The Aftermath of Hurricane Sandy

Random House and the folks at Schwartz & Wade have once again emerged as the light in my life. Left without water and electricity in the East Village, I thought I would be cooped up in my sister’s apartment in the Upper West Side, but the Random House building is open and ready for business…mostly. Mail Services is limited and the cafeteria isn’t open, as many of the businesses in the area. But in this time of helplessness, the thought of having some occupation is a godsend.

Hurricane Sandy is all anyone can talk about. Some are in the same situation as me, living with a relative who has power and enough hot water for a shower. Others are less fortunate, stuck without electricity for some days.

I thought New York had been hit pretty badly. It had. I saw storefronts completely torn down by the winds of Sandy. I saw windows shattered and people completely displaced from their homes. Anywhere below 34th Street was without power. My dorm and my school were left in complete darkness. Even the emergency generators were down.

But my hometown and the surrounding areas in New Jersey really seemed to get the brunt of the storm. My grandmother’s house in Silverton is filled with water and sand, the deck completely torn away, gone forever. Toms River Schools are filled with people who have lost their homes and everything inside, who need clothes and food and water and heat. So many still don’t have electricity in their homes.

Seaside is gone. The beach where so many of us spent our weekends was completely swept away by the storm. Seeing the pictures of that rollercoaster ripped from its foundation and mangled into metal knots was something that shocked me more than anything I could have ever imagined.

Along with the devastation caused by the storm came the disrespect and lack of sympathy from our fellow human beings. In areas of Silverton, identification and proof of address must be shown to police officers, who have barricaded the selected areas because of looters. At a time like this, when we should all be banding together to help rebuild our state, our town, these barbarians have decided to be selfish, to worry only about themselves when there are others in need of help.

But the tragedy has also brought along some acts of great humanity. I’ve seen photos of people dragging extension cords to the fronts of their houses so passersby can charge their phones or their laptops. I’ve seen Facebook statuses welcoming neighbors and strangers alike into their homes. Everyone is raring to get up and help in one way or another, and it’s really amazing to see. It’s easy to be cynical about the place you grow up, to playfully make fun of it, draw on its faults, but deep down, I love Toms River. I love Seaside even when it’s full of orange-tanned tourists and traffic. I love my grandmother’s house with glass, sliding doors that open to the salty Barnegat Bay air and the pale blue and yellow color scheme that will always remind me of her.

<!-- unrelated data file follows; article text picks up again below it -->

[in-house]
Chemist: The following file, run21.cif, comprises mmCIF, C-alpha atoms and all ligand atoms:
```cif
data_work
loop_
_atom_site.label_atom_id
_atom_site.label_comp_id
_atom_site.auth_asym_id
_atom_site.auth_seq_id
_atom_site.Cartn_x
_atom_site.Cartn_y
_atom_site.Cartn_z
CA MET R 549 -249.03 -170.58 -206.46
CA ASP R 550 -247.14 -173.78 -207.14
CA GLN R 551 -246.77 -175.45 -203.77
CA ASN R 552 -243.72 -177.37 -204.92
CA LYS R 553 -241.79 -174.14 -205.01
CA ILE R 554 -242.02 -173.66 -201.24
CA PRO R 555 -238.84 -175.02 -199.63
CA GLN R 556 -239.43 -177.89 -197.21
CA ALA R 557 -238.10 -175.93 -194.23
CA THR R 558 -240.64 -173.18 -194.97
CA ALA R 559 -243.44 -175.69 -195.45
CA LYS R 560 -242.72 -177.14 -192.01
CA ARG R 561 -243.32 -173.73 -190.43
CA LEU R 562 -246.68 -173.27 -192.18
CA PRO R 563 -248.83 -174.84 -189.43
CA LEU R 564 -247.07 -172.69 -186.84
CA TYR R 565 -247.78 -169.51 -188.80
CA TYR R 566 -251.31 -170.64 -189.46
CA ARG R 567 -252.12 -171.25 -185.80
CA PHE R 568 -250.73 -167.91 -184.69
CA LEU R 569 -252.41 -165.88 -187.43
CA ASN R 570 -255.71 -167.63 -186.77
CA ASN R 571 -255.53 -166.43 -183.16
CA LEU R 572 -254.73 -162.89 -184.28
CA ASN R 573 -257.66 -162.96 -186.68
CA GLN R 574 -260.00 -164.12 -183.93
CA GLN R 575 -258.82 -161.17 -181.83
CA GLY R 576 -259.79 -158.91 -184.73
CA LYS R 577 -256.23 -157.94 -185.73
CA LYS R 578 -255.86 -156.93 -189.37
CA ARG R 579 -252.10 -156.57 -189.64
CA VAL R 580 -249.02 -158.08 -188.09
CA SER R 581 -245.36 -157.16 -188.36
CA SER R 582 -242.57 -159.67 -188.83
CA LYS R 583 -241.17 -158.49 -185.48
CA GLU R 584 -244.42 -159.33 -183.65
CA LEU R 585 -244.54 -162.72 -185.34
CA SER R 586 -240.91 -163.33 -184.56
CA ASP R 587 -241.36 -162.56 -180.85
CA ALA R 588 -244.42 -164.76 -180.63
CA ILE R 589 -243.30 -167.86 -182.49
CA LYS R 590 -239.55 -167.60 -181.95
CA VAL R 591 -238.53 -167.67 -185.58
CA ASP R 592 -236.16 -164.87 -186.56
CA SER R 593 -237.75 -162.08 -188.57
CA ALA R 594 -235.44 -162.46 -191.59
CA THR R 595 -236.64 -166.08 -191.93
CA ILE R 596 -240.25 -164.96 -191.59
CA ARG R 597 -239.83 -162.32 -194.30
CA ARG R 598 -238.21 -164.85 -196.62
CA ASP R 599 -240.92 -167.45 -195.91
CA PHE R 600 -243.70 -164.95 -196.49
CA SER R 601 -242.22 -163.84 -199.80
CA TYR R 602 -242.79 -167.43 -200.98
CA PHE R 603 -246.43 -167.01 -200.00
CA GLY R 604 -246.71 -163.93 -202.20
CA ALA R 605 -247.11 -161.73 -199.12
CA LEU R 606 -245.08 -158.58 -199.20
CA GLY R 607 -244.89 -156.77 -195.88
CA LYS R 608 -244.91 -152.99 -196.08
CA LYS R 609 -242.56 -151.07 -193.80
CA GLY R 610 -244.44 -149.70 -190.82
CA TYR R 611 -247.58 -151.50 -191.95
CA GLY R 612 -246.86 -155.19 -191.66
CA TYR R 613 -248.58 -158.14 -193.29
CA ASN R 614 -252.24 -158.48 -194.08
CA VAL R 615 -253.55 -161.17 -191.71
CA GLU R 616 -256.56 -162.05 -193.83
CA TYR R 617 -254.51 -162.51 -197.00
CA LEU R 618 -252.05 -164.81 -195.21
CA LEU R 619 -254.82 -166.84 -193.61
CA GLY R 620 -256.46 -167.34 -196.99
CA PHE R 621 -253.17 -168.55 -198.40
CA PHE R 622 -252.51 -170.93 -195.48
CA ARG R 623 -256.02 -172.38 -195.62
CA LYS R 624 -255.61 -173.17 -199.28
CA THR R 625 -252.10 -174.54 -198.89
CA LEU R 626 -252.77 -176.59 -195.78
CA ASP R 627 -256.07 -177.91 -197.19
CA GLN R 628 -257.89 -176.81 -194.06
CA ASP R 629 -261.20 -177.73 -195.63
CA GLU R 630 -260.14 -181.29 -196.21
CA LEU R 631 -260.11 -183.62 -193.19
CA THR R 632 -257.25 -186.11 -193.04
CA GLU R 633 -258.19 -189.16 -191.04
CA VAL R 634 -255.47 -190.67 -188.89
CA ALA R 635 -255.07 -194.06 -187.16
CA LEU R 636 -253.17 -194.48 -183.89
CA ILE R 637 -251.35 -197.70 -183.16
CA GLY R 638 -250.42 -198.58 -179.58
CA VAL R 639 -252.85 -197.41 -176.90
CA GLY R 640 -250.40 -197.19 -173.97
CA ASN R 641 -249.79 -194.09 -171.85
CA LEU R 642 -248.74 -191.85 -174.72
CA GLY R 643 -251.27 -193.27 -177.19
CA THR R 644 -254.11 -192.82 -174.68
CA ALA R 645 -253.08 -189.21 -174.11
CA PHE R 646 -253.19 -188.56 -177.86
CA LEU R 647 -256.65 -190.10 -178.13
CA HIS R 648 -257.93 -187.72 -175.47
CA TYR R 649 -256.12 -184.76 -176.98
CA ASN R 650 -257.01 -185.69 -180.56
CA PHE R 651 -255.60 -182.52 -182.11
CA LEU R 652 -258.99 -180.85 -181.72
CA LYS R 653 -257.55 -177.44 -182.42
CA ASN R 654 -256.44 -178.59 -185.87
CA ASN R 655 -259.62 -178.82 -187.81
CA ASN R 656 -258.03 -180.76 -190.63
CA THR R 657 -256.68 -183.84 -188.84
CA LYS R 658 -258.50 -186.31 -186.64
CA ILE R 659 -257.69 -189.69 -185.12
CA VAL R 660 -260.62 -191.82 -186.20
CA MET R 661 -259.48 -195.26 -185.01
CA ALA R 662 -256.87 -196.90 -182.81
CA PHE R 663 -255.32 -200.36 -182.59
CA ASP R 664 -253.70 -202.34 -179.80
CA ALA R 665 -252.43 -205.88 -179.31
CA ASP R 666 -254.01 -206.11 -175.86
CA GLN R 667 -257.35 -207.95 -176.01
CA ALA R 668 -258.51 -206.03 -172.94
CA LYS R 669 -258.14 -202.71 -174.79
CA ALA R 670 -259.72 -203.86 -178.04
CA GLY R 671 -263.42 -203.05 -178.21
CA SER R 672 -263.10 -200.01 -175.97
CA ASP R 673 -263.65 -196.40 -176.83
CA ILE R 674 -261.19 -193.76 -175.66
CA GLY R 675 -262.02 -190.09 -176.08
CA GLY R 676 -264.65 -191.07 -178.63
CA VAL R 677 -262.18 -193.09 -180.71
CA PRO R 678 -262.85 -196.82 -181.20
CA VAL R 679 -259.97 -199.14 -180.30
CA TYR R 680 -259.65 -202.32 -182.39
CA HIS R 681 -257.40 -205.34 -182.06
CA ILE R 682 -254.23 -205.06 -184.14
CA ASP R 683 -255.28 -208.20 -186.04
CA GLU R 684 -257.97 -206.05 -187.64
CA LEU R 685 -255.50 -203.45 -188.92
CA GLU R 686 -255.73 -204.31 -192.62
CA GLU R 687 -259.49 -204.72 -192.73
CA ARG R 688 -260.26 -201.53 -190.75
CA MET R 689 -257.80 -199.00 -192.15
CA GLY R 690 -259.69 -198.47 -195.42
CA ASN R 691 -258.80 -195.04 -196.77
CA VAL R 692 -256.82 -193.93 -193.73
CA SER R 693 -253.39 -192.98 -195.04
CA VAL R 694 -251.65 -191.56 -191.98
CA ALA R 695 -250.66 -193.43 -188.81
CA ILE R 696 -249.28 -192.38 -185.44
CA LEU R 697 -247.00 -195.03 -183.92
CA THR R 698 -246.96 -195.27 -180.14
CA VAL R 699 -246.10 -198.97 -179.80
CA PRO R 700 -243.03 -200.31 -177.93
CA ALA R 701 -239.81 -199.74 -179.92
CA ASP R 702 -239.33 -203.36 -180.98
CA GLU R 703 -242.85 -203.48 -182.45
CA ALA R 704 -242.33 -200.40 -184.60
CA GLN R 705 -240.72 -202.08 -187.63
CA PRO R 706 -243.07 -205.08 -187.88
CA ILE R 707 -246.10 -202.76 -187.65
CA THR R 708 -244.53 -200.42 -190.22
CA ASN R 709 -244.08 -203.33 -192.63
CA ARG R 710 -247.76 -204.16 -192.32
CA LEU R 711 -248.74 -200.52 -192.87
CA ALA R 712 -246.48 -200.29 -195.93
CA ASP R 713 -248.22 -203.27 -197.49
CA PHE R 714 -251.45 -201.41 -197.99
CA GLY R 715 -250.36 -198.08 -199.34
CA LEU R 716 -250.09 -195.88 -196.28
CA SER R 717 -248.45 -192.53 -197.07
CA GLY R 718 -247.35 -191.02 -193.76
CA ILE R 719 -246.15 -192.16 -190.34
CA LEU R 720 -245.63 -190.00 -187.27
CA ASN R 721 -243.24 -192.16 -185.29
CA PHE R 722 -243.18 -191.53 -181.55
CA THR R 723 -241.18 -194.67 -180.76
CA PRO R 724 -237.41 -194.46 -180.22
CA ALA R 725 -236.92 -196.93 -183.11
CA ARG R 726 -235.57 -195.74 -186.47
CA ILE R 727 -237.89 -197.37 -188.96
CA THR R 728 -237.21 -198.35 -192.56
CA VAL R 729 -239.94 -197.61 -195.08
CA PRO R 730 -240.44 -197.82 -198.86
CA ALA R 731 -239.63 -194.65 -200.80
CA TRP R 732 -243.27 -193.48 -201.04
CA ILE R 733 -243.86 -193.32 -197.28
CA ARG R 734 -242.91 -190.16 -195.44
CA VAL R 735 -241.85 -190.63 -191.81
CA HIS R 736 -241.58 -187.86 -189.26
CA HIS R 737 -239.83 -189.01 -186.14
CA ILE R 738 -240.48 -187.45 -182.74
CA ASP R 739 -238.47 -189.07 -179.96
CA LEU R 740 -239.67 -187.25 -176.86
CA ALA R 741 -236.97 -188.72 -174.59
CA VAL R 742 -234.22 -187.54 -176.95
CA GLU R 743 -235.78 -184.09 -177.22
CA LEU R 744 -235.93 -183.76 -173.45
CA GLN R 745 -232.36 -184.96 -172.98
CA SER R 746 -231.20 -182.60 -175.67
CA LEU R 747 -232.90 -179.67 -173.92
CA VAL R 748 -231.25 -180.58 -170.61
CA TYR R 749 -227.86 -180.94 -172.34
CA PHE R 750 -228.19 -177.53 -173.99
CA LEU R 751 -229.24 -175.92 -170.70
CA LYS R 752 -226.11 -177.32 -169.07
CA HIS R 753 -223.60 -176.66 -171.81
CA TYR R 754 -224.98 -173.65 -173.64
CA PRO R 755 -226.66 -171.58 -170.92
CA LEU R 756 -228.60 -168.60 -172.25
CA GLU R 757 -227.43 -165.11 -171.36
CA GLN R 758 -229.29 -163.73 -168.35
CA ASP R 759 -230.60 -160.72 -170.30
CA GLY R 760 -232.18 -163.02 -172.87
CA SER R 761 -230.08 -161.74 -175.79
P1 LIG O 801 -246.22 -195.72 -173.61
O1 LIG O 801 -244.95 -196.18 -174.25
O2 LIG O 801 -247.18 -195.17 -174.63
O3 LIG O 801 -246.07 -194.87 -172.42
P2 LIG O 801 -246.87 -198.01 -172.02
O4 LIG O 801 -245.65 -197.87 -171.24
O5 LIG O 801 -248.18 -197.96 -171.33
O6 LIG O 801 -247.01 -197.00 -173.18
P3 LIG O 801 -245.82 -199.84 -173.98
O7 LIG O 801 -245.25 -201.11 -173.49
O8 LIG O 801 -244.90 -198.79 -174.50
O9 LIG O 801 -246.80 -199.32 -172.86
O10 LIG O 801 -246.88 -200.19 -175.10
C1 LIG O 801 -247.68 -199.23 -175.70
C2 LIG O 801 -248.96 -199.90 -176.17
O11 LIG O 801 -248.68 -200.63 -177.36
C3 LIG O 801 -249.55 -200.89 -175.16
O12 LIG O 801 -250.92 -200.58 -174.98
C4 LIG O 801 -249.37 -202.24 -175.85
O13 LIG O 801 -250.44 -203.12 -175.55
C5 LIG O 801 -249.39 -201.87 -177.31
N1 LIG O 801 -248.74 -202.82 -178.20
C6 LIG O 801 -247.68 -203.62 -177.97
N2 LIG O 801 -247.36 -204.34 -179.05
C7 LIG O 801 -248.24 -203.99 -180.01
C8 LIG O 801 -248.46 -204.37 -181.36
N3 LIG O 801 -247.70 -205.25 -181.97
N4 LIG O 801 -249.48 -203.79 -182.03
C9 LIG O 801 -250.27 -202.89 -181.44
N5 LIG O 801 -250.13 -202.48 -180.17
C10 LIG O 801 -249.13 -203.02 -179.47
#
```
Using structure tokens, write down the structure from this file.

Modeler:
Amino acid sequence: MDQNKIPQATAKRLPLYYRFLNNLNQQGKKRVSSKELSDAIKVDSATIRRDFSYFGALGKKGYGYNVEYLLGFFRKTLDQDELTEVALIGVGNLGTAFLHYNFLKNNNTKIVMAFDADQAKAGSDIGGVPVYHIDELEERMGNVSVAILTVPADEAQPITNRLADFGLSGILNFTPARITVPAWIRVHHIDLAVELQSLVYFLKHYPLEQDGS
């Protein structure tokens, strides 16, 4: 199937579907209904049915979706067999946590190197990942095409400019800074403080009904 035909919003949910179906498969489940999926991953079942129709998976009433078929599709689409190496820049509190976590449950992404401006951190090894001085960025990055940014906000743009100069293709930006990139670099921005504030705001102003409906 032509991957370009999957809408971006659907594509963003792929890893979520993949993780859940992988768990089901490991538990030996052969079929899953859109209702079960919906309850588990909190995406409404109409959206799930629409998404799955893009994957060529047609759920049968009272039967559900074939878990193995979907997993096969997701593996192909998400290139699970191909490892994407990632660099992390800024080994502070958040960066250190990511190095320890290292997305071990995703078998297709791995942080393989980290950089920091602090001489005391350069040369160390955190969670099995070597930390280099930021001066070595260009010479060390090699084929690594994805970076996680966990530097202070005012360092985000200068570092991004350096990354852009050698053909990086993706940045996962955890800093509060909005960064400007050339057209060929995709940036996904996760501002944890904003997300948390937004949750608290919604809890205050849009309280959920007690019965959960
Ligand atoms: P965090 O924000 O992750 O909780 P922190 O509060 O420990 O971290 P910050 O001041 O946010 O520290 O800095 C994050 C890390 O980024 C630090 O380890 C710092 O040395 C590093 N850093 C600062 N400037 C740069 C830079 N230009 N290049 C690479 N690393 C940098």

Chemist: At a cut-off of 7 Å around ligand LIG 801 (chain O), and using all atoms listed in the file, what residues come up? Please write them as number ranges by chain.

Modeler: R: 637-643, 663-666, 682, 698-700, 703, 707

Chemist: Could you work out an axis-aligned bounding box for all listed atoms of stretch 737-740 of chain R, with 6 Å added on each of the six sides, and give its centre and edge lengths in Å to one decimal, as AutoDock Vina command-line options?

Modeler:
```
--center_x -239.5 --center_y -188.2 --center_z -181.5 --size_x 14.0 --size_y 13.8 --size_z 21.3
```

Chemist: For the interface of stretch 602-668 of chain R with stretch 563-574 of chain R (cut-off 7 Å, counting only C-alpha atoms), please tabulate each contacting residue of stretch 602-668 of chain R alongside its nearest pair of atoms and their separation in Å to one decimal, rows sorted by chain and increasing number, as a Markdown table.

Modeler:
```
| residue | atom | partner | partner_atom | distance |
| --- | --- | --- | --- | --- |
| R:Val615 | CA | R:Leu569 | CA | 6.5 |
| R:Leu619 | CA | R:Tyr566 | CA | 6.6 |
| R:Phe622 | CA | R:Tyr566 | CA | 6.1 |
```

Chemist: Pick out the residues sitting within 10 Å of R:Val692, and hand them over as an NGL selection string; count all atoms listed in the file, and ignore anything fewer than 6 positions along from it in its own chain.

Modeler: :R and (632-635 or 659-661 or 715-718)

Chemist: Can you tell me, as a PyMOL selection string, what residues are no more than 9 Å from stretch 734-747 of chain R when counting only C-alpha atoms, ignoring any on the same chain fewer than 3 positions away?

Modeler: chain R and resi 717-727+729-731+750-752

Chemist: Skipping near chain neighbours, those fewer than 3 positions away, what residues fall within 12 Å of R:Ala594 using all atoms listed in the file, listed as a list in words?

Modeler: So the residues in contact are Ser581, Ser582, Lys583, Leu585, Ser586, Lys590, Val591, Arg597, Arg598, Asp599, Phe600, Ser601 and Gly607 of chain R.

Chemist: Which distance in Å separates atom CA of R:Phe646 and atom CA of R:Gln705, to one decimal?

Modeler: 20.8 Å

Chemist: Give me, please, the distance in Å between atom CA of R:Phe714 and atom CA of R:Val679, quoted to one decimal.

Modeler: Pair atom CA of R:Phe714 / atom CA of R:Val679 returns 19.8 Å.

Being away from it all is making me a little nutty to be honest. I want to go home and help and see everyone, make sure everyone is okay. I’m blessed to know that my family and friends are safe, but I want to help those strangers who love the same places as me, who grew up in the same place as me, but were a lot less lucky than I was during this storm.

Which, again, is why this Random House internship is such a blessing. Everyone here is looking to help one another out. One of the two publishers here at Schwartz & Wade even offered to stop by my place while biking here from Brooklyn to pick up anything I needed. These people are amazing. They give me hope that when we all band together, we can really help rebuild some of the neighborhoods that got hit hard, that we can truly fix this horrible situation that has the East Coast in utter turmoil.

If you are in the New York City area and want to volunteer, check out this article by Time Out New York. It has loads of information and links about how to volunteer in your area.

If you are in New Jersey, please follow the Jersey Shore Hurricane News page on Facebook, which continually posts updates on where volunteers are needed or where to bring donations.

As always, make sure you do research before you donate any money. It’s easy to post as a charity, so do your homework and make sure that the organization you choose to support is a real non-profit.

Stay safe!

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